Parol vs. Parole

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Parol and parole are two words that are pronounced in the same manner but have different spellings and different meanings. They are homophones. We will examine the difference between the definitions of parol and parole, where these words came from and some examples of their use in sentences.

Parol means communicated orally, a statement uttered, or evidence given with an oral statement. Parol is also a traditional Filipino Christmas lantern. The word parol is derived from the Old French word parole which means word or argument. Parol is an adjective.

Parole means the release of a prisoner before his entire sentence is served because of good behavior in prison and the belief that the prisoner will not re-offend. The word parole may be used as a noun or a transitive verb, which is a verb that takes an object. Related words are paroles, paroled, paroling, parolee. The word parole is also derived from the Old French word parole, which also means a formal promise.


So what the courts offer instead is a dark theory of purportedly rabid anti-Muslim bias, cobbled together by parol evidence of campaign-trail rhetoric. (The National Review)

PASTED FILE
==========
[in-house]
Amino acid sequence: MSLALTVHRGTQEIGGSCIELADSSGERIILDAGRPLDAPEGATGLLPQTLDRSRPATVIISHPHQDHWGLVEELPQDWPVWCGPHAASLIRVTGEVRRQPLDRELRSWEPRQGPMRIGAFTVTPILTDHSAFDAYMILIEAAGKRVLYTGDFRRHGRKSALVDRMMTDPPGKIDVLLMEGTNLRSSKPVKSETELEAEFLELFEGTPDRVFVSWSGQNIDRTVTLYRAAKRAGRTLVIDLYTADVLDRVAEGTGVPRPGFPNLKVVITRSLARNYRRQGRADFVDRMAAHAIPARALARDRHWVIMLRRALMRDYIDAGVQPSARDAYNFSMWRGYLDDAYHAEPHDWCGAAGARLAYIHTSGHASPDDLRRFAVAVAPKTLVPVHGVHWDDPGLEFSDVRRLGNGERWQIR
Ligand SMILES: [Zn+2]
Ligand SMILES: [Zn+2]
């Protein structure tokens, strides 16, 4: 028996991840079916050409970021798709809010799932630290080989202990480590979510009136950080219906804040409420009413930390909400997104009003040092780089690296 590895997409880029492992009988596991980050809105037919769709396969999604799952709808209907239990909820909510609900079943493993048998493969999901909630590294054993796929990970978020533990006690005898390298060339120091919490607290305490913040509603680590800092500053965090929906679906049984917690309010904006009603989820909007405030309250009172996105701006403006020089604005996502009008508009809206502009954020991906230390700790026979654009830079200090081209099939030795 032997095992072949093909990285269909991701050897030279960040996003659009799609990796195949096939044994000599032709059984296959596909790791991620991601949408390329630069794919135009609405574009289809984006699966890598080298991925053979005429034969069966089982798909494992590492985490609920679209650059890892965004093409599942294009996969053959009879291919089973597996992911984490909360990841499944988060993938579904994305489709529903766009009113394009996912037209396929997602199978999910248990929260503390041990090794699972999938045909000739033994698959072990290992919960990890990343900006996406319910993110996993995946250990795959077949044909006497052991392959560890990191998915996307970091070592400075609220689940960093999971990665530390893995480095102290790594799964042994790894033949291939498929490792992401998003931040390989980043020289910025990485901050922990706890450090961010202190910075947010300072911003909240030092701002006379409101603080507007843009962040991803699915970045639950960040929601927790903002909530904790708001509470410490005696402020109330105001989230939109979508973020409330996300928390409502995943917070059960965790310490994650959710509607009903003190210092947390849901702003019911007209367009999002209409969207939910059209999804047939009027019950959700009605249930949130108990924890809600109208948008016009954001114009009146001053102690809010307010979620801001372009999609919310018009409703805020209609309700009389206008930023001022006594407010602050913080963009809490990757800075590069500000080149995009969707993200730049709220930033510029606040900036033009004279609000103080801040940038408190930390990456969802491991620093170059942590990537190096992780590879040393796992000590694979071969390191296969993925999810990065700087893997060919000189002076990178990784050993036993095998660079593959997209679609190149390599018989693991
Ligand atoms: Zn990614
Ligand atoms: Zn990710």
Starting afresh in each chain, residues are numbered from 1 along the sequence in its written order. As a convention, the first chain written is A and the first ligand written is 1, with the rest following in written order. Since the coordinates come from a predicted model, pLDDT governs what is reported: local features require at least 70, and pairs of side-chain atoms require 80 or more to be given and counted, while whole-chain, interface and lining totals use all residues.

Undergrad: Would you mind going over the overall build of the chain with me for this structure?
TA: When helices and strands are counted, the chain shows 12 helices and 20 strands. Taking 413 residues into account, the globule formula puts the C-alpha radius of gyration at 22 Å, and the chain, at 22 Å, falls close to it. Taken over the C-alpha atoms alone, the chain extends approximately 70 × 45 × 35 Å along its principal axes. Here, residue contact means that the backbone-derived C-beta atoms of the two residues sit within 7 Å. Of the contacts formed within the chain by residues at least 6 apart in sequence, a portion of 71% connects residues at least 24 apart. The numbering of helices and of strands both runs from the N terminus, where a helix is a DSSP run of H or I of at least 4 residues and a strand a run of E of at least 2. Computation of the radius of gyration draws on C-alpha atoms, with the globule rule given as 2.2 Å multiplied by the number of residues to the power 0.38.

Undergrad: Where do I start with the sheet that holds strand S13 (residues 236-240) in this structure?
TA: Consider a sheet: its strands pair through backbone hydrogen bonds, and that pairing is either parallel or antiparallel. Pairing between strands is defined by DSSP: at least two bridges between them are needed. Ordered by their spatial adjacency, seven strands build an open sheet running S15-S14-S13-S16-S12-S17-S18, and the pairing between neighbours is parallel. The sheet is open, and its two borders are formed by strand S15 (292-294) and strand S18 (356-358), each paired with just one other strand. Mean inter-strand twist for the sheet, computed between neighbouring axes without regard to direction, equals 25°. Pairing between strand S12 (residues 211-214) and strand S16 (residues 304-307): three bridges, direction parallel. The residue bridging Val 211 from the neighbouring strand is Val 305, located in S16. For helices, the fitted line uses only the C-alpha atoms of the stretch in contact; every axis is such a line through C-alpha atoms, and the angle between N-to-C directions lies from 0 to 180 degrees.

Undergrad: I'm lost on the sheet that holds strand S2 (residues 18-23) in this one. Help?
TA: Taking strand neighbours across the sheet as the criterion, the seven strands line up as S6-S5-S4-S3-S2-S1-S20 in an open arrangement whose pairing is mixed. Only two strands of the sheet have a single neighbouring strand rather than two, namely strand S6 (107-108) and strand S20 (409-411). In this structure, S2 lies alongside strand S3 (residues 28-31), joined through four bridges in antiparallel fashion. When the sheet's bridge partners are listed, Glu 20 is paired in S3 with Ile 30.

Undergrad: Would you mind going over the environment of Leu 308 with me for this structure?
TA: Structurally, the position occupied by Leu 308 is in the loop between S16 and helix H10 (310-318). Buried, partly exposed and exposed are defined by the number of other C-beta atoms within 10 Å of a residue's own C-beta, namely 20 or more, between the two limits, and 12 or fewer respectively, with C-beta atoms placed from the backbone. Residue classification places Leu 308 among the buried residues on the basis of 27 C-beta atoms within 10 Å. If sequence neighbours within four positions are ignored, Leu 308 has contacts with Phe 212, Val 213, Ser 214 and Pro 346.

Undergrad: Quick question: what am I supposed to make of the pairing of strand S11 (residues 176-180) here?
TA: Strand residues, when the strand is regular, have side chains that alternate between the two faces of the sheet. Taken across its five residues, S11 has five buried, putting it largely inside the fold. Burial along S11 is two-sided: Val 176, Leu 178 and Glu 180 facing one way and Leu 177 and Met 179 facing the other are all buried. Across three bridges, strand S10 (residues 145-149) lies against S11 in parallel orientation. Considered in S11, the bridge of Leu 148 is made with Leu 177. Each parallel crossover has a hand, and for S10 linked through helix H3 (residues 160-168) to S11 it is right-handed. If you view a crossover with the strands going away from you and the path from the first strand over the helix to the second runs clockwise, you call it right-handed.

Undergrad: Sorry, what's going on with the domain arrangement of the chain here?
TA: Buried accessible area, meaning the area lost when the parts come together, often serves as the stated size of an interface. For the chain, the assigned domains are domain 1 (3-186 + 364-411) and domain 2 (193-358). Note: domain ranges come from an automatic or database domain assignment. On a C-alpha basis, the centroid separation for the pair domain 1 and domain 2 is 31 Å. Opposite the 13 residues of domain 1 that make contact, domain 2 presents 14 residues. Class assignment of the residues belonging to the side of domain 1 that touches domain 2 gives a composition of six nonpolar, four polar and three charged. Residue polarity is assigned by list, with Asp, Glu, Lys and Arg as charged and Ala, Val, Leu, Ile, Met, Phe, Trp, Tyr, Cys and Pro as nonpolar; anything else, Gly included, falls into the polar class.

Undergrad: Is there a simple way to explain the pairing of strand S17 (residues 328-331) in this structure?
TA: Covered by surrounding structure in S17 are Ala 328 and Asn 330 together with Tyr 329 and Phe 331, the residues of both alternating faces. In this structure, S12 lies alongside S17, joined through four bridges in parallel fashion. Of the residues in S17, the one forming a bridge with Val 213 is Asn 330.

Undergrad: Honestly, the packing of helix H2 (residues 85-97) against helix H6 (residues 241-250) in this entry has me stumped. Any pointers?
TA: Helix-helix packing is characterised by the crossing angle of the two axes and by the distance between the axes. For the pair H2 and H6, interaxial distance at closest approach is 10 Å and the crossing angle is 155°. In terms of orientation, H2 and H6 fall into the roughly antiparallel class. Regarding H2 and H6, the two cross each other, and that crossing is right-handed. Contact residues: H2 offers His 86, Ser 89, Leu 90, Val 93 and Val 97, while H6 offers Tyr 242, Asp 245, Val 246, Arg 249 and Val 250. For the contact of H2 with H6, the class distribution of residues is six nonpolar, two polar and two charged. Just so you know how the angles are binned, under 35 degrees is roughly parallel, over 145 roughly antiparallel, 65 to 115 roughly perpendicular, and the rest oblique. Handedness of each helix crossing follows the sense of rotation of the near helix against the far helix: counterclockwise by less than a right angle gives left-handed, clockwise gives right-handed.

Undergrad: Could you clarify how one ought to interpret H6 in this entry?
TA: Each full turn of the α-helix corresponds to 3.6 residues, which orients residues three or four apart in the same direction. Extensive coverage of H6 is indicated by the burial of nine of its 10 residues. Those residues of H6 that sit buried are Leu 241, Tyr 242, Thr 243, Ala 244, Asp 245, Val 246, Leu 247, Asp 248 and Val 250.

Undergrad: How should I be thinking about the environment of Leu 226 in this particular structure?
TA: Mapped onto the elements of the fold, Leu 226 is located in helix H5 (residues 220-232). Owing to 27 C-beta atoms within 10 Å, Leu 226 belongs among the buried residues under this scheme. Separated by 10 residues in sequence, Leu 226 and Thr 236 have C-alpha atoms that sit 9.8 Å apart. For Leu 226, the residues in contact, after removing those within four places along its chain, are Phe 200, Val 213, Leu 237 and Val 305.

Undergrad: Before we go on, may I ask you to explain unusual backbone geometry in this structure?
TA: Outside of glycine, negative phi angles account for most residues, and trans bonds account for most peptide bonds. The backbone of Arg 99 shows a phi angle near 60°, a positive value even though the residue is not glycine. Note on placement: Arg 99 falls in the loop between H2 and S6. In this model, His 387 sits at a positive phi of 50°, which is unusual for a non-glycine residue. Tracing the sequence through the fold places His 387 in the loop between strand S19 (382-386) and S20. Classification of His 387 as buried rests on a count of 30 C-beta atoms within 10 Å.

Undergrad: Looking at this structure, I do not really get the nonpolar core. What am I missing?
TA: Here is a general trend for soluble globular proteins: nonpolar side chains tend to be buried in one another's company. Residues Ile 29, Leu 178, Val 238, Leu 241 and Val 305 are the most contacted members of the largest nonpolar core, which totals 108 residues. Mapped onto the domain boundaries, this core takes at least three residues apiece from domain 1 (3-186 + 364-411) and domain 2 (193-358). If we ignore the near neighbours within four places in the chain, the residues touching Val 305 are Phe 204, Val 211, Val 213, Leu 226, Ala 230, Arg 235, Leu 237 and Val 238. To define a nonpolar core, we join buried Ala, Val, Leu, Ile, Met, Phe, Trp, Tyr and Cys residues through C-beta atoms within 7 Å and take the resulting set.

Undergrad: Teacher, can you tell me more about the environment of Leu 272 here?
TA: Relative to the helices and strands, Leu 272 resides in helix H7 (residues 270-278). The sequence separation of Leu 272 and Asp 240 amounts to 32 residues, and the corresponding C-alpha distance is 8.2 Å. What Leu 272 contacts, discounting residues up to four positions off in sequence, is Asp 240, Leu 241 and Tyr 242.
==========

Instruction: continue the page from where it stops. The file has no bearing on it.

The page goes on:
In celebration of the holiday season, Lito Asuncion returns to the Lyman Museum to present a workshop on the parol, a Filipino star-shaped Christmas lantern. (The Hawaii Tribune-Herald)

An 86-year-old Modesto woman has been found suitable for parole after more than 30 years in prison after being convicting in the 1985 murder of her husband, according to a news release issued Friday by the Stanislaus County district attorney’s office. (The Modesto Bee)

At her first-ever parole hearing, Carolyn Warmus blamed the media for her “fatal attraction” conviction for shooting her lover’s wife to death in Westchester in 1989, a transcript of the proceeding reveals. (The Journal News)

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